Step Seven: Add Some Buzz to Your Hive

Add the finishing touch to your hive by adding the essential element: the bees.

There are two methods for stocking your hives. You can either capture a wild swarm of bees or purchase a colony from another beekeeper. 

Buying bees is the easiest way to start your first hive. 

Reach out to a local beekeeping association or look online for suppliers. With either option, you’ll be able to select a package of bees or a nucleus hive.

Bee packages typically contain a queen bee, a few worker bees, and a supply of food to get the colony started. An edible barrier will separate the queen bee from the rest of the colony until they get accustomed to one another. Acclimation occurs as the worker bees eat their way through the barrier, gaining familiarity with their new queen. 

Buy a nucleus hive to bypass the acclimation process.

A nucleus hive is a preestablished colony with honeycomb frames, worker bees, brood, and a queen. These hives are excellent for new beekeepers looking to jump-start their hives.

Catching wild bees is another way to stock your hive.

This tutorial video from Bee Built explains how to catch and install a swarm:

Are There Alternatives to the Langstroth Hive?

Langstroth hives are just one of the many designs available. Top-bar hives have a simple structure that may be appealing to beginner beekeepers. 

Instead of the multiple levels of the Langstroth hive, top-bar hives consist of a single horizontal box that sits on a hive stand. This hive design gets its name from the bars that bridge across the top of the container. 

The bars hold starter strips that encourage bees to produce honeycomb. As the bees build out the comb, it forms into downward hanging sheets that can be harvested and inspected.

The bars don’t contain a hive foundation like the frames in a Langstroth hive — you can remove the entire piece of comb to harvest the honey. These hives are another solid choice for easy honey harvesting. 

How to Build a Beehive: FAQs

Is it cheaper to build your own beehive?

It is cheaper to build beehives yourself if you have the right tools, as buying a premade beehive can cost almost double the amount it costs you to build one yourself. Note that if you don’t have the necessary tools, it might be cheaper to buy a beehive.

What is the easiest beehive to build?

The easiest beehive to build is the Langstroth beehive, which is the most common beehive in North America and Australia. However, Top Bar Beehives and Warre Hives can also be simple to build.

What is the best material to build a beehive?

Cypress, pine, and cedar are some of the best materials you can use to build your own beehive. All of these woods are durable, attractive, and do not easily warp or rot.

How do you build a beehive for honey?

To build your beehive for honey, there are specific steps to follow. Here is an outline of the steps to take to build your beehive for honey:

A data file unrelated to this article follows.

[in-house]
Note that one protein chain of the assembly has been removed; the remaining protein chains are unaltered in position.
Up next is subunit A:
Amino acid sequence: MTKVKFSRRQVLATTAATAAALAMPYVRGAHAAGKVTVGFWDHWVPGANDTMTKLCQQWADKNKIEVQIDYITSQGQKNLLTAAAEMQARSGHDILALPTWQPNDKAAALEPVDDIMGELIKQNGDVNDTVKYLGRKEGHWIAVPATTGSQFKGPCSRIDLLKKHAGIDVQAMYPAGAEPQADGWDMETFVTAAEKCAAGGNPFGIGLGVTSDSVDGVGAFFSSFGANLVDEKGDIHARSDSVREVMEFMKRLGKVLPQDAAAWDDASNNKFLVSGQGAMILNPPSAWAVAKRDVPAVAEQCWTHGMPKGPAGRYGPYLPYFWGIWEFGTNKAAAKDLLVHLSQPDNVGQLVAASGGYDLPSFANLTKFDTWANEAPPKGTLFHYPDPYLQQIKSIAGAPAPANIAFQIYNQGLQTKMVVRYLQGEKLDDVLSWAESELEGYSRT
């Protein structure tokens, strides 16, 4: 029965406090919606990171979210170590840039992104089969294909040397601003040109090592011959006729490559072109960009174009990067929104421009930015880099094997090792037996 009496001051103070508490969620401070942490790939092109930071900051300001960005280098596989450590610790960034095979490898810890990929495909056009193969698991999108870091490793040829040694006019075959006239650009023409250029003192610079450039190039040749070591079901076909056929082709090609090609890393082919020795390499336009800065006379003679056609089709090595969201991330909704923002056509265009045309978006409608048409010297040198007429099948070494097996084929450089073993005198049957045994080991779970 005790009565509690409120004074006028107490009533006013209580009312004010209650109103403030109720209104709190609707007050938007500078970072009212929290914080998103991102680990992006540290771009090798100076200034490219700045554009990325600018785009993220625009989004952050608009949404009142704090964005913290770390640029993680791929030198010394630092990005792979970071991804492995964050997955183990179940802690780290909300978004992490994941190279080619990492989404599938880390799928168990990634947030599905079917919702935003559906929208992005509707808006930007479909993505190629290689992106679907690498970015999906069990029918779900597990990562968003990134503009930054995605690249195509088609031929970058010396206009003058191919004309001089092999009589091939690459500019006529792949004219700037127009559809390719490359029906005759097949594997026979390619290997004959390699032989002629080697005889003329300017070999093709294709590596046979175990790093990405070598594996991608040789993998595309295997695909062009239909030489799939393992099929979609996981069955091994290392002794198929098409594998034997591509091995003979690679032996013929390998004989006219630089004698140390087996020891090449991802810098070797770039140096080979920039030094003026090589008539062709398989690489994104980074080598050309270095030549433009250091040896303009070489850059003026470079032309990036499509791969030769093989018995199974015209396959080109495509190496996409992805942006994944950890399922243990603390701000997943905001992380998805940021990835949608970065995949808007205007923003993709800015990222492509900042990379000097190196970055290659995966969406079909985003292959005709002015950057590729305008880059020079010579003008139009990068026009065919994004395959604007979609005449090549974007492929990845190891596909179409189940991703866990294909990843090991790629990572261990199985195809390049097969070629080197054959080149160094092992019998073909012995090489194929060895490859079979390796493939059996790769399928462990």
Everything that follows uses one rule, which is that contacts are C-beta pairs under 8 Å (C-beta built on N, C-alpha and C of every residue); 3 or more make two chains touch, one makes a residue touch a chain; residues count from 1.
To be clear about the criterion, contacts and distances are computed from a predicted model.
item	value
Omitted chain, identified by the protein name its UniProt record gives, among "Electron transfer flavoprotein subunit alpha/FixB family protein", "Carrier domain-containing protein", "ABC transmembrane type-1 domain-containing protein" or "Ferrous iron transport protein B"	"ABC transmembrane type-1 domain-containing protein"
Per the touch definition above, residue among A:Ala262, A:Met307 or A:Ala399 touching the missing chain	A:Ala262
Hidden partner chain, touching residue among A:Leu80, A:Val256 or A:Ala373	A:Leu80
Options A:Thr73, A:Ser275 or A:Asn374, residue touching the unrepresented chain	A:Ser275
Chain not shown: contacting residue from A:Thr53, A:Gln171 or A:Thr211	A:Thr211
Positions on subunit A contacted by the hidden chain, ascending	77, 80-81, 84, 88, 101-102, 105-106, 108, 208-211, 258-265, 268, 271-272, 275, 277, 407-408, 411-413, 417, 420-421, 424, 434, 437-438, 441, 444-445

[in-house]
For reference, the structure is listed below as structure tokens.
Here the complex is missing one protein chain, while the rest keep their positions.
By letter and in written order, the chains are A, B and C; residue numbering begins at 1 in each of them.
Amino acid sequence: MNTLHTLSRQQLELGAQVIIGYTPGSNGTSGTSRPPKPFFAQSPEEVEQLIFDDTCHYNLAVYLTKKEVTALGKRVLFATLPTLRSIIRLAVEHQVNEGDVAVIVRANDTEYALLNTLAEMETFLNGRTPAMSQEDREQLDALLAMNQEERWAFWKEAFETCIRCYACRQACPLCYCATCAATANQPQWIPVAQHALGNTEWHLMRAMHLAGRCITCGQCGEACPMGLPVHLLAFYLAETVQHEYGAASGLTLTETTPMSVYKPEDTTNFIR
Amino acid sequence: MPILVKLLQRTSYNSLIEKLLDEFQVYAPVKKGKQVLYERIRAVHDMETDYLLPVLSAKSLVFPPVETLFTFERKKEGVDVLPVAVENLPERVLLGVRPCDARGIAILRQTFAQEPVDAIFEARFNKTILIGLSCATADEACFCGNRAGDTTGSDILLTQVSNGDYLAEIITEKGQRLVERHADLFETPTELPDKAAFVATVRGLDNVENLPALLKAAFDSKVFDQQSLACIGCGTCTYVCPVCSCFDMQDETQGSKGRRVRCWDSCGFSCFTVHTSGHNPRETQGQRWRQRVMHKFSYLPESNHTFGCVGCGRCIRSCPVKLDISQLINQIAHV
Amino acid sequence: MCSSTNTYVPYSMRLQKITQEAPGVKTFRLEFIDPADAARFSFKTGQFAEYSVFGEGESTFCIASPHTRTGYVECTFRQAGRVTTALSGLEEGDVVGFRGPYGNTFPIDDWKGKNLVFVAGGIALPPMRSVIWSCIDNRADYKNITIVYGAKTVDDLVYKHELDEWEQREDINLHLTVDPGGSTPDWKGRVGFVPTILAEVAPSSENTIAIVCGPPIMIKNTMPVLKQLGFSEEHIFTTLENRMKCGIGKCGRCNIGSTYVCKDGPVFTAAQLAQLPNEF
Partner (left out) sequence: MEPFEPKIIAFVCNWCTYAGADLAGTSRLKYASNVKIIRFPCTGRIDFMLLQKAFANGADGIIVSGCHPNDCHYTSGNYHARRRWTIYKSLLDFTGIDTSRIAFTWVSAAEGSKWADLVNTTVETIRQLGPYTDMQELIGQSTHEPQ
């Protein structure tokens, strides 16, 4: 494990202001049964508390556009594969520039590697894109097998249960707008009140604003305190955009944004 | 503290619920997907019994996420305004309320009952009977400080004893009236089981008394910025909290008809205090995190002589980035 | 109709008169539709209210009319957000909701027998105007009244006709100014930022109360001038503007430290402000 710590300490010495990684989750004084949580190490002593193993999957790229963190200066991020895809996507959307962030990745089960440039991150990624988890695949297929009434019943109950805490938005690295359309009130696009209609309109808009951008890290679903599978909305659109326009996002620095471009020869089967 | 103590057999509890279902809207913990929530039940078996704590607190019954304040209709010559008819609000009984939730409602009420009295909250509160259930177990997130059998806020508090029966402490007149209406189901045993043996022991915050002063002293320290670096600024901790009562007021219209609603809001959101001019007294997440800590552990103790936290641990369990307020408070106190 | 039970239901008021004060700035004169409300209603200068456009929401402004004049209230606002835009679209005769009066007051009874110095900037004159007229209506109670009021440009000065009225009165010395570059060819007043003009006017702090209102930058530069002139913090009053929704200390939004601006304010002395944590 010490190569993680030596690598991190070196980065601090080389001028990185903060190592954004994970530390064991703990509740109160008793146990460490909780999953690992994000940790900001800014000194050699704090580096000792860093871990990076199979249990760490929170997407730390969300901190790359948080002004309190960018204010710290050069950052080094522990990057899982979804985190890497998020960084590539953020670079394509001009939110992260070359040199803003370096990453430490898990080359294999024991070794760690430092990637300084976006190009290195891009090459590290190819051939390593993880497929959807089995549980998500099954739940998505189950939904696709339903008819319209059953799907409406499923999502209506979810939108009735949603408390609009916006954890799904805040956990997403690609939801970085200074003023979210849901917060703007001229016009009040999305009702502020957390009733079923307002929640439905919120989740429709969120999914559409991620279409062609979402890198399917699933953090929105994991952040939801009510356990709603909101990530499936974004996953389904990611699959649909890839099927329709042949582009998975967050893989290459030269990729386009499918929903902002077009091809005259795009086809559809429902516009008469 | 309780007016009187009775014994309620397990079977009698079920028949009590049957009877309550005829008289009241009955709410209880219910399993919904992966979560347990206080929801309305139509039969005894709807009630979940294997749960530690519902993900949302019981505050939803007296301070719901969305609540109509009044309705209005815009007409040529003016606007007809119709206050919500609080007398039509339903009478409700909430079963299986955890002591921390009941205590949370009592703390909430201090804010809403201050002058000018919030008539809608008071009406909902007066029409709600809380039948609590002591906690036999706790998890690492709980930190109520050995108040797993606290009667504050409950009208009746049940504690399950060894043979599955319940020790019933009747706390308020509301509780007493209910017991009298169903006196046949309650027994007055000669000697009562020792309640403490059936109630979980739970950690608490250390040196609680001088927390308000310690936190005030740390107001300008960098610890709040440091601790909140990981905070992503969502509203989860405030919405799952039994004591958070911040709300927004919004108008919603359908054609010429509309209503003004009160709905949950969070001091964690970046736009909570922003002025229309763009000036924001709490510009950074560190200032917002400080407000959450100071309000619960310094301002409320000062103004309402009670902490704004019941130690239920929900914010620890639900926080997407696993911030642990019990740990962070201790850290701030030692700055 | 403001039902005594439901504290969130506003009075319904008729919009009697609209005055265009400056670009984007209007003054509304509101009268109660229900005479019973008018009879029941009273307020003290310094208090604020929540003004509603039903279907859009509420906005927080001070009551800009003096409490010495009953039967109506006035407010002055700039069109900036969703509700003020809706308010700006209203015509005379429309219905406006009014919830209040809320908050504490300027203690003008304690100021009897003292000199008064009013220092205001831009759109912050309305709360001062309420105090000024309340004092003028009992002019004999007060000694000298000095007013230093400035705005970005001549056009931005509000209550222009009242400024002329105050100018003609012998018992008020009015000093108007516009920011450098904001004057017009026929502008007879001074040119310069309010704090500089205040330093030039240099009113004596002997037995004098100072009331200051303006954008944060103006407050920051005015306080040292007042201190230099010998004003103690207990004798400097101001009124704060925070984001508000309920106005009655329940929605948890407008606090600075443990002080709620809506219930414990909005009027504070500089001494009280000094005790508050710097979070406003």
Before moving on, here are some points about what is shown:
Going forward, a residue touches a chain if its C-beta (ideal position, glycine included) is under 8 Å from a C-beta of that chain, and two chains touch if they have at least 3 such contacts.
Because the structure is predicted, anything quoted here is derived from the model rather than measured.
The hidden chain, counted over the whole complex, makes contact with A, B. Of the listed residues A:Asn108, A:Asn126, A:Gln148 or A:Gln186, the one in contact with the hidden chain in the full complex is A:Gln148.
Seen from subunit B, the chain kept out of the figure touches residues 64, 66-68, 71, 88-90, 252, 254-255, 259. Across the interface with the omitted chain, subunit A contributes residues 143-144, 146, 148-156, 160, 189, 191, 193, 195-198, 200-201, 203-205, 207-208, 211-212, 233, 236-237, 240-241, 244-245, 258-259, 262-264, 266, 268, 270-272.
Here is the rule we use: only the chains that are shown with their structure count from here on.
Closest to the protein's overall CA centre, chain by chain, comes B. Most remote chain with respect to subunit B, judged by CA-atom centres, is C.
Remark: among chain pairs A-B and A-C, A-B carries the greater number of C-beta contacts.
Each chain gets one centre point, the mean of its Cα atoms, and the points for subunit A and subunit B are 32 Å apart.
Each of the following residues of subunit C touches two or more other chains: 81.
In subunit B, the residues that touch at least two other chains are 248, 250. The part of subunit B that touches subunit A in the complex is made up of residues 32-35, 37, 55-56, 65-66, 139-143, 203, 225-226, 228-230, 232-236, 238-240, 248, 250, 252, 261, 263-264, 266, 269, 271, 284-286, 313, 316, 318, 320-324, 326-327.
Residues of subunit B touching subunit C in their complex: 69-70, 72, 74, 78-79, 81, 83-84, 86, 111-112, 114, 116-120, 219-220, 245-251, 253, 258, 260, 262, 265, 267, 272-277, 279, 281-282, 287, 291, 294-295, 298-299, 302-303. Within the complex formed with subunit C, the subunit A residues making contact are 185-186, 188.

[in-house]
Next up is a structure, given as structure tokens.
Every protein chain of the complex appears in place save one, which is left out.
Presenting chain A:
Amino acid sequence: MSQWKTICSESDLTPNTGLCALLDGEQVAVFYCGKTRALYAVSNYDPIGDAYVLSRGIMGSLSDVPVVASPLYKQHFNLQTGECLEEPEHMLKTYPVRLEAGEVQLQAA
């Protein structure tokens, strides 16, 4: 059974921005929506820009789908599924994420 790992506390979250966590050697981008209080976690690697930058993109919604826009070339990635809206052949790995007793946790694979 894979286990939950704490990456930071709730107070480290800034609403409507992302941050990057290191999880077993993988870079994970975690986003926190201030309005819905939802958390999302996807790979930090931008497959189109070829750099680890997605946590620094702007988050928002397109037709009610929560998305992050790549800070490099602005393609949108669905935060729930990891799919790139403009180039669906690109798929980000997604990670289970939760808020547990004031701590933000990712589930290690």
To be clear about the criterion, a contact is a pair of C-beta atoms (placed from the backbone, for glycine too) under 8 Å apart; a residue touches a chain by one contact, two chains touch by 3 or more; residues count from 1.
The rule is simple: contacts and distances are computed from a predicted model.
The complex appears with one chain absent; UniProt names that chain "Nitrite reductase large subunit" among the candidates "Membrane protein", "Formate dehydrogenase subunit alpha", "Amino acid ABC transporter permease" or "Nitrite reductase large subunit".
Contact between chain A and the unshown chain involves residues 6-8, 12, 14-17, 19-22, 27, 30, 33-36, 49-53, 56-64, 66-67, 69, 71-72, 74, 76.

• Build your hive stand
  • Assemble bottom board and inner cover
  • Construct the hive body and honey super
  • Construct the outer cover
  • Add an entrance reducer
  • Install frames
  • Add your bees

Final Thoughts

With these tools, tips, and step-by-step instructions, you’re ready to build your beehive.

Remember that you can buy a beehive kit if building your own is too daunting. You’ll get the satisfaction of assembly and setup without the stress of measuring and cutting wooden parts. 

You can also research several different hive designs to find one that fits your needs. I discussed the Langstroth and top-bar hive designs, but countless others are on the market.

No matter what design or project you choose, I know your hive will be worth all the buzz.

Interested in learning how to effectively cultivate bee balm, including bee balm’s history, types, and more? Our guide has you covered.

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Reviewed for accuracy, cost data, industry best practices, and expert advice by Coty Perry.
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Elisabeth Beauchamp

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Elisabeth Beauchamp is a content producer for Today’s Homeowner’s Lawn and Windows categories. She graduated from the University of North Carolina at Chapel Hill with degrees in Journalism and Linguistics. When Elisabeth isn’t writing about flowers, foliage, and fertilizer, she’s researching landscaping trends and current events in the agricultural space. Elisabeth aims to educate and equip readers with the tools they need to create a home they love.

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Coty Perry

Expert Writer & Reviewer

Coty Perry is a lawn and garden writer for Today’s Homeowner. He focuses on providing homeowners with actionable tips that relate to the “Average Joe” who is looking to achieve a healthier and greener lawn. When he isn’t writing he can almost always be found coaching youth football or on some trail in Pennsylvania in search of the next greatest fishing hole.